Avoiding the Coming Tsunami of Church Closure





How can you avoid scenarios like this in the future?
How can you avoid scenarios like this in the future? (Lightstock)

In 1964, Bob Dylan released his third studio album, The Times They Are A-Changin’.

As was typical of the music from the 1960s, political and cultural statements and protests were the norm. The times were changing. Some for the better (i.e., the civil rights movement.) Others, maybe not (i.e., the sexual revolution.) Nevertheless, songs such as this and others that gained popularity became themes for a generation in flux.

Churches changed as well over time. Some for the better and others … well, maybe not. Over the past few decades, we have seen the advent of the church growth movement, the growth of parachurch organizations, the birth and subsequent death (well, basically) of the emergent church, the focus on being seeker-sensitive, the development of labels such as “traditional” and “contemporary” when it comes to worship styles (which by their nature are labels that mean different things to different people) and categorical shifts in emphasis in areas such as youth ministry, family ministry, men’s and women’s ministries, and the like.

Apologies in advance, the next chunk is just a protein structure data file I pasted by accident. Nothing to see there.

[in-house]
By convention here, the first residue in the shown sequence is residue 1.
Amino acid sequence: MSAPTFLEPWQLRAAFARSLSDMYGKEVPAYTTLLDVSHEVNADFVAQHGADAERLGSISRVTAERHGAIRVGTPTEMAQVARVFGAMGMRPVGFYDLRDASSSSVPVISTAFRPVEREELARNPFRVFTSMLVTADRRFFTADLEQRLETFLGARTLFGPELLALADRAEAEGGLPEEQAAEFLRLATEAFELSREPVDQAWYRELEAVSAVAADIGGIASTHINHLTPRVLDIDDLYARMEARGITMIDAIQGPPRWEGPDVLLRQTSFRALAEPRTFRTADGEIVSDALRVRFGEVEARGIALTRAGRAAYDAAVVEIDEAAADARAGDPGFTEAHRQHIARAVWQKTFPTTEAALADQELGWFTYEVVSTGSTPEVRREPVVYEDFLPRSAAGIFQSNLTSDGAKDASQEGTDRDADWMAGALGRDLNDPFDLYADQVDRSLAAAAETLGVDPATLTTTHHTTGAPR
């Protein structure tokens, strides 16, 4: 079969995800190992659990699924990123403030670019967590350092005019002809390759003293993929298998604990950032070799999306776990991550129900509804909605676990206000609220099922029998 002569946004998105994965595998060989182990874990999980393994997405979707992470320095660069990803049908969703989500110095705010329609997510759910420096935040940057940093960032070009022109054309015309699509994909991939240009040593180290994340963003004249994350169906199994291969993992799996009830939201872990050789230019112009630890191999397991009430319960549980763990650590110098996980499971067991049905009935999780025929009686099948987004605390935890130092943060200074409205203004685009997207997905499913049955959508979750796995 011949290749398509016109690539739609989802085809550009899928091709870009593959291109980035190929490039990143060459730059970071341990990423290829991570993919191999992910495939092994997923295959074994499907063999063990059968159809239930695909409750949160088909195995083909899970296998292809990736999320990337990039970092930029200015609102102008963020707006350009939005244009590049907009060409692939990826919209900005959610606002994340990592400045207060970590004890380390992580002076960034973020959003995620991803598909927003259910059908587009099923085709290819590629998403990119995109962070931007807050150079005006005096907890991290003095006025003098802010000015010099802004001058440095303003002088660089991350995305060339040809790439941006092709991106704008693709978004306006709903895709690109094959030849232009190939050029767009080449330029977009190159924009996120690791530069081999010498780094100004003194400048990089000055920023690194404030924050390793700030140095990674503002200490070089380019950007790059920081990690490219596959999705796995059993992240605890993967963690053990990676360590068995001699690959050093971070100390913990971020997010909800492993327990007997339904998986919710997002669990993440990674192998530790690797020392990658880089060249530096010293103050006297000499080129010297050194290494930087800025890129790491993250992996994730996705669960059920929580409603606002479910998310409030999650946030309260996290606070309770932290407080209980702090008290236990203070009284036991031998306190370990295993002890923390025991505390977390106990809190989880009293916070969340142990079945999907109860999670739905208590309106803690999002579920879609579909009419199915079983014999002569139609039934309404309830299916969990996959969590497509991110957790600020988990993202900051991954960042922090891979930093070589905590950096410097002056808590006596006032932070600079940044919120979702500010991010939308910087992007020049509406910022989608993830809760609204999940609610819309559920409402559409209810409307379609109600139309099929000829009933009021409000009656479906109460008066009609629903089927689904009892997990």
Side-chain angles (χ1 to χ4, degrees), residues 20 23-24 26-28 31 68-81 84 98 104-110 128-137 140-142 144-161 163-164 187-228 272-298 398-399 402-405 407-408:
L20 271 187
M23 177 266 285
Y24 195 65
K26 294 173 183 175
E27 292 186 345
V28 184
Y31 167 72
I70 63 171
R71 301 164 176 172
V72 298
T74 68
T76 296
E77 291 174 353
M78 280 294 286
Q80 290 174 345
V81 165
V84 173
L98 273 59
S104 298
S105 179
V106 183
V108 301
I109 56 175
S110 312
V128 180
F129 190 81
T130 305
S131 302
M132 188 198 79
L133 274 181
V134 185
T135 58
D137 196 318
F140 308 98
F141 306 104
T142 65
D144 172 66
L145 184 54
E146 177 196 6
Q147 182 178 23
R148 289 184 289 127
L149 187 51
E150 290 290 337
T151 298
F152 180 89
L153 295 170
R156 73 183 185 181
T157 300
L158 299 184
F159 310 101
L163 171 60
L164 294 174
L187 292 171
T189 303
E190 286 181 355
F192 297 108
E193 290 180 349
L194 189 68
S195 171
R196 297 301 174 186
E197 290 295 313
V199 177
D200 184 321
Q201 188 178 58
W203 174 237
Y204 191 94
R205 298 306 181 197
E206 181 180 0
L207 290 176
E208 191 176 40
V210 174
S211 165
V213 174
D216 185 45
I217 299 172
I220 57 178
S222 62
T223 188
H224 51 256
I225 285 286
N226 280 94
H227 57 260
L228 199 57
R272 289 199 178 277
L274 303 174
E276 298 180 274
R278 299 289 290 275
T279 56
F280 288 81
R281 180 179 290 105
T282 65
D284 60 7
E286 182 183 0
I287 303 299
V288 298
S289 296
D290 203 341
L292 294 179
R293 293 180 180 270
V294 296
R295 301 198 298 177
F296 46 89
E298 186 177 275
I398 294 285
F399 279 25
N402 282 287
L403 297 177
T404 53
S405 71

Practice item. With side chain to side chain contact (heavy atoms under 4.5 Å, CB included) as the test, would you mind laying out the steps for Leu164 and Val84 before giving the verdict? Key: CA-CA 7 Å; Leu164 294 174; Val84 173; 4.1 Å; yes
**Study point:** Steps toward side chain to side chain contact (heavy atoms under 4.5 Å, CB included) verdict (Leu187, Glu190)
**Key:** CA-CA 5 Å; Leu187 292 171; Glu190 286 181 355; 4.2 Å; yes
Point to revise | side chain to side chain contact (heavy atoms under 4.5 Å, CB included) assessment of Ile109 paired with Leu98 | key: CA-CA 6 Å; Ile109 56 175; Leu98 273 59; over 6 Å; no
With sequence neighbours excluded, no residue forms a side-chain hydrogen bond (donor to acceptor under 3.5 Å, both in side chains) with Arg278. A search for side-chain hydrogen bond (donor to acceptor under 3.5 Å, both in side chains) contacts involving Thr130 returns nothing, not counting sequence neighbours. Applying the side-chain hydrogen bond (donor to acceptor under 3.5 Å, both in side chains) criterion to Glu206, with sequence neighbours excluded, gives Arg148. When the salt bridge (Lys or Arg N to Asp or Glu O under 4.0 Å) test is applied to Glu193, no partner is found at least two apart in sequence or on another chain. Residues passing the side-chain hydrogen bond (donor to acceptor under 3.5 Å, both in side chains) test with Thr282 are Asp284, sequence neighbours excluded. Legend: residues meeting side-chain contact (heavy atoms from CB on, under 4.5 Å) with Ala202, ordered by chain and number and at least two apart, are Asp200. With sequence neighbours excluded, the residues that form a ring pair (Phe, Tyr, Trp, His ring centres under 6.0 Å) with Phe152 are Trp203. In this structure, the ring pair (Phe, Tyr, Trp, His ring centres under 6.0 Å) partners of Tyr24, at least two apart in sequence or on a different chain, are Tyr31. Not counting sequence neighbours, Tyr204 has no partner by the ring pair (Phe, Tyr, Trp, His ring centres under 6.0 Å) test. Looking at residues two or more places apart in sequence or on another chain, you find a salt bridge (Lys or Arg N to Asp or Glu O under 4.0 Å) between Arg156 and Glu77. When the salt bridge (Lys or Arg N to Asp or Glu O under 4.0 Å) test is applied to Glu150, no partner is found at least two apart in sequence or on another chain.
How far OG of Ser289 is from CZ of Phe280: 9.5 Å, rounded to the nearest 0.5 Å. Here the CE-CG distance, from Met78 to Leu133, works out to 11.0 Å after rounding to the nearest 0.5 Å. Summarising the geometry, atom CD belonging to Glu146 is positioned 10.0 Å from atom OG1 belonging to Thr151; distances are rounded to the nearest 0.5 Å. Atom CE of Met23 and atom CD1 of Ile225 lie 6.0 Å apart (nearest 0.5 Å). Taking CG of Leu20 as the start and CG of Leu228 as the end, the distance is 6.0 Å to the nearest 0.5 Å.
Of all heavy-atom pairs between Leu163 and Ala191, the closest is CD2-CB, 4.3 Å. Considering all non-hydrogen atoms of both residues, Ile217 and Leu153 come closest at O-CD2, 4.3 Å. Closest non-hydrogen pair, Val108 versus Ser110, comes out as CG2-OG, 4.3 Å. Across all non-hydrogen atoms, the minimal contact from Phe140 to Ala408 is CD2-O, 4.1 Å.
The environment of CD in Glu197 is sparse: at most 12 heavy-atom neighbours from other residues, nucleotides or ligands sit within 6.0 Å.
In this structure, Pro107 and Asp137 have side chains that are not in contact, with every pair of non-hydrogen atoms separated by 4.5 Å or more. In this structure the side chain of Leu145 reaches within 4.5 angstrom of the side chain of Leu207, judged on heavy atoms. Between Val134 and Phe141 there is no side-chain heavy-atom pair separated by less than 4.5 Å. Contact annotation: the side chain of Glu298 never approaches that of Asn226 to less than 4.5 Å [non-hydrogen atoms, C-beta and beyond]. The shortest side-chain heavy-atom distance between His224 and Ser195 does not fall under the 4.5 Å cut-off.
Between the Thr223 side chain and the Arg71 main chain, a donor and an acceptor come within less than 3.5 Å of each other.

There are always those voices that speak of needed adjustments in church practice as culture changes. Some have wrongly attributed these changes to keeping the message “relevant.” That’s a misnomer. The gospel is always relevant and always will be. The local church, however, that has been accused of sliding into irrelevancy often is just a victim of becoming an inwardly focused organization that has forsaken the missional commands of the New Testament.

We Have to Do Something

Unfortunately, many churches realize they are on life support when it’s too late. Of course, with God, it’s never too late. I get that. However, I have been in numerous churches over the years that are full of nice, loving people who have forgotten their mission. They gather, listen to sermons, go to Sunday school, and worship through giving and singing while the community surrounding them really doesn’t even notice they exist.